What are the differences between sections?
Before someone can be sectioned, they have to be assessed by either an approved mental health professional (formerly referred to as ASW), section 12 approved doctors (doctors who have specialist knowledge of mental illnesses and have been trained in the mental health act), other doctors, registered mental health nurses (RMNs) and the police, depending on the type of section.
Section 2 is for assessment of your mental illness and lasts for up to 28 days, but it cannot be renewed when it expires (but can be transferred to a section 3 if needed). It can be enforced after an assessment with an approved mental health professional and two doctors (one of whom being a section 12 doctor unless in an emergency). The assessment can be carried out anywhere, but most commonly happens in a hospital, police station or the patient's home.
You will be placed under the section 2 if you are refusing to go to hospital, and it is agreed that you need to be detained in the interest of your own health, safety or the protection of others. The section effectively takes place once the person is transported to hospital, and patients can be given medication against their will as this falls under the category of assessment (the assessment is the response to treatment).
Family members can also request that a person be assessed for detention under a section 2.
You can appeal your section any time within the first 14 days of detention and have a mental health review tribunal (MHRT), or you can appeal to the managers of the hospital at any time. Either of these can lift your section, as can your psychiatrist at any time. A period of leave from the hospital can be granted by the psychiatrist.
Section 3 is for treatment of your mental illness and lasts up to 6 months before it can be renewed. You can be placed directly on a section 3 without having been on a section 2, in the same ways outlined above. This section can be renewed for another 6 months, and subsequent renewals after that last for 1 year.
If your nearest relative (which does not have to be your next of kin) objects to your detention under a section 3, you will be detained under section 2 and your nearest relative taken to court to be removed, and social services take over the role of nearest relative.
During the first three months of the section 3 you can be treated and medicated against your will, even with injections and antipsychotics and in some cases even electroconvulsive therapy (ECT)- (in emergencies or if the treatment is authorised by the mental health act comissioners panel). After three months, you must consent to treatment. If you do not, an independent doctor must confirm that the patient can still be treated against their will if it remains in their best interests.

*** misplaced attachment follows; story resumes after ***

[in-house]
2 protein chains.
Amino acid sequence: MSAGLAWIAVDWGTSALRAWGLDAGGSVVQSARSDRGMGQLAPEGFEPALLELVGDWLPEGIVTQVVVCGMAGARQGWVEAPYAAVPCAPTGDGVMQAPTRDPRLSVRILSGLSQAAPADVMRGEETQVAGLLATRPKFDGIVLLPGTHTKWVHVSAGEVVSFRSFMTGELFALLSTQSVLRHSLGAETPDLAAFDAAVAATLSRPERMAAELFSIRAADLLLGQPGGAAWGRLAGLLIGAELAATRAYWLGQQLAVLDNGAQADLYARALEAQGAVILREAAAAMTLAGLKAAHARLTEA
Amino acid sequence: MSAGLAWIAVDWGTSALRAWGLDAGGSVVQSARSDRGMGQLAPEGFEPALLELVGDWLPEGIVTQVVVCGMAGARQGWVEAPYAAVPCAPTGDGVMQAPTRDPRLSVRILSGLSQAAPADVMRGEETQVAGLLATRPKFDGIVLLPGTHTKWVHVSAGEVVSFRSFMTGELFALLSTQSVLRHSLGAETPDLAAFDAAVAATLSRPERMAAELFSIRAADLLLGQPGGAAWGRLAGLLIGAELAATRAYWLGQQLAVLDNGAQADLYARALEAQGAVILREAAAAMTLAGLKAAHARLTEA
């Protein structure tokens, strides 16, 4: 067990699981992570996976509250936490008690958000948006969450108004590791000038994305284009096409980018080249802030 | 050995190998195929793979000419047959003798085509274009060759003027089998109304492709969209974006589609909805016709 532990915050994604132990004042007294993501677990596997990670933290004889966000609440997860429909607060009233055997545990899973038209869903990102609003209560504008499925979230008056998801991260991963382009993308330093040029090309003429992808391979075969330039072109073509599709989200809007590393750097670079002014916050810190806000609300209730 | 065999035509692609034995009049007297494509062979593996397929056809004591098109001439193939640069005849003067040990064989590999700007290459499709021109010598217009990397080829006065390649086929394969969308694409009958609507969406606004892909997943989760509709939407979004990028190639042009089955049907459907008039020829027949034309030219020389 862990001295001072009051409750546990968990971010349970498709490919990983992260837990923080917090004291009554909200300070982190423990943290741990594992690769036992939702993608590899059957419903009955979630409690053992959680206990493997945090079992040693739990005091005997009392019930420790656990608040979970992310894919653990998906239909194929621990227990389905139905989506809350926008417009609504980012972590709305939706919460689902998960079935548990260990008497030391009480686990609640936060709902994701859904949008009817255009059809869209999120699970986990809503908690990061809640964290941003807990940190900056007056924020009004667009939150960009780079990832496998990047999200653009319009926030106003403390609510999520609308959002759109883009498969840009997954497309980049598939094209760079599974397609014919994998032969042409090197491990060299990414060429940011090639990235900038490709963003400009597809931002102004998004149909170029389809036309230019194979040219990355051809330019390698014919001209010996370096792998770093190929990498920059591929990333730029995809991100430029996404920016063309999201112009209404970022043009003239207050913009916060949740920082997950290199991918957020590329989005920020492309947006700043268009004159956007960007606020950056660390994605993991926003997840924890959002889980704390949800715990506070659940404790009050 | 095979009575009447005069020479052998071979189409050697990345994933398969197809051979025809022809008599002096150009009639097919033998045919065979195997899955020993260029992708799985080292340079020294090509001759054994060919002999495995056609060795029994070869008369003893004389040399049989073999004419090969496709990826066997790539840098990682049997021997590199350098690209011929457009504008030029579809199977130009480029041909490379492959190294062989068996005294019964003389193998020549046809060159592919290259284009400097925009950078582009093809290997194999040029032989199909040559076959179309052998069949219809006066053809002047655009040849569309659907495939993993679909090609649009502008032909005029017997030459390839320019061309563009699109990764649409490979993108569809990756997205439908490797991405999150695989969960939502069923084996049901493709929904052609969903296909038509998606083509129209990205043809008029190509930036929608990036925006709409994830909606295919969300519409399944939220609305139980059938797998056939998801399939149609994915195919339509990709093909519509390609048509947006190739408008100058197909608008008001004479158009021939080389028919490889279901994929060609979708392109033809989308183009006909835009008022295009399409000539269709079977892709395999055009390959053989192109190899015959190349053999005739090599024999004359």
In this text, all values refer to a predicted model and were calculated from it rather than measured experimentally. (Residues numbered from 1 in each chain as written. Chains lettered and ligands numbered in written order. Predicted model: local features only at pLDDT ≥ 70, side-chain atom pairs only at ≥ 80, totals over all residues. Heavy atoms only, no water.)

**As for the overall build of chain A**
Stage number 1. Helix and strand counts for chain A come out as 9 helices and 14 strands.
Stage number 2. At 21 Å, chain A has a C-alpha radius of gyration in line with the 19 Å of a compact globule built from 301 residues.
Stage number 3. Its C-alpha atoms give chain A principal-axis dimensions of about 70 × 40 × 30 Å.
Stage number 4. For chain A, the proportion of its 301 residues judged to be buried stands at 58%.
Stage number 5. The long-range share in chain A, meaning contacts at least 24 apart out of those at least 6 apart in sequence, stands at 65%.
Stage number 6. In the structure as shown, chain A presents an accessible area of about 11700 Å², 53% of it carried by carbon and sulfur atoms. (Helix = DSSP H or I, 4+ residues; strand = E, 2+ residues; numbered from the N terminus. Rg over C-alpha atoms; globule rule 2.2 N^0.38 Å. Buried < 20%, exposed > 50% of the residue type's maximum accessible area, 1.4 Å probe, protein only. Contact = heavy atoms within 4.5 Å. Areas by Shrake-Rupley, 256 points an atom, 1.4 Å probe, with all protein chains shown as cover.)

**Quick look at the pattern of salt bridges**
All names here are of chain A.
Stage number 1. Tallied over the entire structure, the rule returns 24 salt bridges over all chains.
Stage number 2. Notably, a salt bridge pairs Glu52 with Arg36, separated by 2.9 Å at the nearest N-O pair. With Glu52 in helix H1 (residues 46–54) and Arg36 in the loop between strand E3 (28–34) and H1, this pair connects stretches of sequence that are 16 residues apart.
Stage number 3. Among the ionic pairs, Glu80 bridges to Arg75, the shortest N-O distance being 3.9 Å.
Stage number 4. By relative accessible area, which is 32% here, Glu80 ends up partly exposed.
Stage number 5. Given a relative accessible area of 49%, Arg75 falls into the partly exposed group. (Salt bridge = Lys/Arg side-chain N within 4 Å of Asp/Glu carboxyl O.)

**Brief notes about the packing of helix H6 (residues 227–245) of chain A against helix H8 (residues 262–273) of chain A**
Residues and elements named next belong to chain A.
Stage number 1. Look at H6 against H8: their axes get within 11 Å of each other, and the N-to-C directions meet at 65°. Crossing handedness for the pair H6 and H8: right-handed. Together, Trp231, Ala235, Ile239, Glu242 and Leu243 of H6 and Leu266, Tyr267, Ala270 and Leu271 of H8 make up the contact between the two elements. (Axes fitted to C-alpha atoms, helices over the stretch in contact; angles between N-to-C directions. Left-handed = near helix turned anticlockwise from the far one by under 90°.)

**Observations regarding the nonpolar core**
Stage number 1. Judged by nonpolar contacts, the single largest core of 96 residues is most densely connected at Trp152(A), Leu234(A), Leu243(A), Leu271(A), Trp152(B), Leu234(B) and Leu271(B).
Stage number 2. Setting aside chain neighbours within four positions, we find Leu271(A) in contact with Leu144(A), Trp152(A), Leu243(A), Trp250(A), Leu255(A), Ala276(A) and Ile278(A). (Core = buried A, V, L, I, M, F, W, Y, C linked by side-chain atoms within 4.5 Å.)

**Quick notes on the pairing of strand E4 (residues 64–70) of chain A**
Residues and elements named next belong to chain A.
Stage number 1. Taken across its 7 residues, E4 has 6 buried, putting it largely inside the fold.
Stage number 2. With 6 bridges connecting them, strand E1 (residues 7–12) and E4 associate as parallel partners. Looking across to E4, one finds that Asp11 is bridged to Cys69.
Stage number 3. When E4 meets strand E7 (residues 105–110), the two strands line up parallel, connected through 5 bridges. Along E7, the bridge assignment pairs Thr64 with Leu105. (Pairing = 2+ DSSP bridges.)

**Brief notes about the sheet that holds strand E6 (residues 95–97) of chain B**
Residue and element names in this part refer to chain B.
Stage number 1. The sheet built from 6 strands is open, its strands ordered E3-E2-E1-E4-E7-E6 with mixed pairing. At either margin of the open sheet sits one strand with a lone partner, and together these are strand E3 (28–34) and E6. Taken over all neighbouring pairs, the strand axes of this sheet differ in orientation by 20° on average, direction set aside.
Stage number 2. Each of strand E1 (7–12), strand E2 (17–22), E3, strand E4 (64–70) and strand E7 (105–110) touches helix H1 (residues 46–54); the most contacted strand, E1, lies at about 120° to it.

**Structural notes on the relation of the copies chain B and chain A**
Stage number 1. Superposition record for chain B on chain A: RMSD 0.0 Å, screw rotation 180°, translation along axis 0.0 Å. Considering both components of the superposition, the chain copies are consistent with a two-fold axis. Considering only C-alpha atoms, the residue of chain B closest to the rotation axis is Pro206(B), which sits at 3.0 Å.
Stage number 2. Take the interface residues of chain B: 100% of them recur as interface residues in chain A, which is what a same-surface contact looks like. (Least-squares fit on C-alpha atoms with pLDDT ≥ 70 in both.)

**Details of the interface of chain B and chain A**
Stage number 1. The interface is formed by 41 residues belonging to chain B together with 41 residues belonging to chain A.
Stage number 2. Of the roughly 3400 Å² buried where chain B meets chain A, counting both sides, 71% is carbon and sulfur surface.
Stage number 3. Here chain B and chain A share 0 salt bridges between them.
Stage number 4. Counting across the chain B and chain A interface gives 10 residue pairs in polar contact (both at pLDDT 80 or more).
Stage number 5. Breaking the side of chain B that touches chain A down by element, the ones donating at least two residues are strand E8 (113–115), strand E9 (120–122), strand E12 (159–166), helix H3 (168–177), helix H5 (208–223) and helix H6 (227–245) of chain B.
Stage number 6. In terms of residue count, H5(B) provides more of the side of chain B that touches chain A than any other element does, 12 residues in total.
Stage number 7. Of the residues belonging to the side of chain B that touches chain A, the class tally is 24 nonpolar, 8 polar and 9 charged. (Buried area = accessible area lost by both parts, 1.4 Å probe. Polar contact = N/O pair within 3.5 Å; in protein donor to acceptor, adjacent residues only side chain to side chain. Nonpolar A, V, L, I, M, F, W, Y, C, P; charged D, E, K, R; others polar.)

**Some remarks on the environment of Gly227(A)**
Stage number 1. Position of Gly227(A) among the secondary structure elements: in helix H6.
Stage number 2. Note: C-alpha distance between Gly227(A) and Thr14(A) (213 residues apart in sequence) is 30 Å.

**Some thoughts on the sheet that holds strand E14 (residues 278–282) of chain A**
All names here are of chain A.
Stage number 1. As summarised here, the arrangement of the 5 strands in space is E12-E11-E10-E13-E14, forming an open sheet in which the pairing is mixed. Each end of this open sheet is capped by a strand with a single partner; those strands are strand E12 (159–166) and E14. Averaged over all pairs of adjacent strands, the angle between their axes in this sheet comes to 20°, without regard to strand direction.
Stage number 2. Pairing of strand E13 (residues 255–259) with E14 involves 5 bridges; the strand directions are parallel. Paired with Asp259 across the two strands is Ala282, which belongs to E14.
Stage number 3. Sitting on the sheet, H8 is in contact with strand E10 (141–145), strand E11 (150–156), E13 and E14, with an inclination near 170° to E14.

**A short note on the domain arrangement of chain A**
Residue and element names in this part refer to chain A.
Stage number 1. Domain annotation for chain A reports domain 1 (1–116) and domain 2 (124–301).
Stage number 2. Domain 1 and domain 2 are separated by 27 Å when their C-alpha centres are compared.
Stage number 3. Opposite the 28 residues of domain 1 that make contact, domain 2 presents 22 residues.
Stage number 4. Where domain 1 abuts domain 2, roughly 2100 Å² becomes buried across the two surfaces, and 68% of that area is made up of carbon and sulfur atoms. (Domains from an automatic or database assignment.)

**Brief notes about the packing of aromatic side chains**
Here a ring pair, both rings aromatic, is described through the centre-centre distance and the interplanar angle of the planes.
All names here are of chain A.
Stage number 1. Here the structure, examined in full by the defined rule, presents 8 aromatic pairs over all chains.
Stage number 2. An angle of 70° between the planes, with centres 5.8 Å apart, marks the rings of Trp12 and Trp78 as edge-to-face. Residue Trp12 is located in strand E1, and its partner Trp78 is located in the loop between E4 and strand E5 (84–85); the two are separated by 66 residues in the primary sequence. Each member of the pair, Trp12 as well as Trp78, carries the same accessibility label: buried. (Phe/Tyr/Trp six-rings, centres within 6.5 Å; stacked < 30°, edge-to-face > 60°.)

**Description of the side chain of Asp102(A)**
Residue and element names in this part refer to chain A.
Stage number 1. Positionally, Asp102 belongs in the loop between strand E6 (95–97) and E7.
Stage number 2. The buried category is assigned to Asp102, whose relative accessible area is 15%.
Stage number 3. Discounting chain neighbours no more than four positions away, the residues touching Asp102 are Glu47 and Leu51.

You can only apply for a mental health review tribunal (MHRT) once during the period of the detention until it is renewed, but you can appeal to the hospital managers at any time. As above, your psychiatrist can also lift the section at any time. A period of leave from the hospital can be granted by the psychiatrist.
Section 4 is used in emergencies where a second doctor cannot be found to detain a person under section 2. It lasts for up to 72 hours and is implemented by one doctor and an approved mental health worker. Once the patient is in hospital, a psychiatrist or another doctor will make a recommendation and the section 4 be converted to a section 2.
Section 5 (2) is the holding power a doctor has. They can use it to prevent a voluntary (informal) patientS leaving the hospital, in a psychiatric ward or a general medical ward. It lasts for 72 hours and can either be recinded or recommendations can be made to implement a section 2 or 3. Treatment can be given under common law.
Section 5 (4) is the holding power a nurse has to prevent a voluntary (informal) patient from leaving. This lasts for six hours and is often converted to a section 5 (2) upon assessment by a doctor.
Section 135 is a magistrates order. If a person thought to be mentally ill by a an approved mental health worker is denying them entry to their house, this will allow entry into the house in order to carry out an assessment. The section allows police the right to enter into a house and take the person to a place of safety, usually a psychiatric hospital or the police station where they can be assessed.
Section 136 is a simlar order to a section 135 and lasts for up to 72 hours. It allows the police to take a person they believe to be mentally disordered to a place of safety, usually a psychiatric hospital or the police station where they can be assessed. Treatment can be given under common law.
Last edited by Sometimes Crazy : 05-06-2009 at 12:00 AM.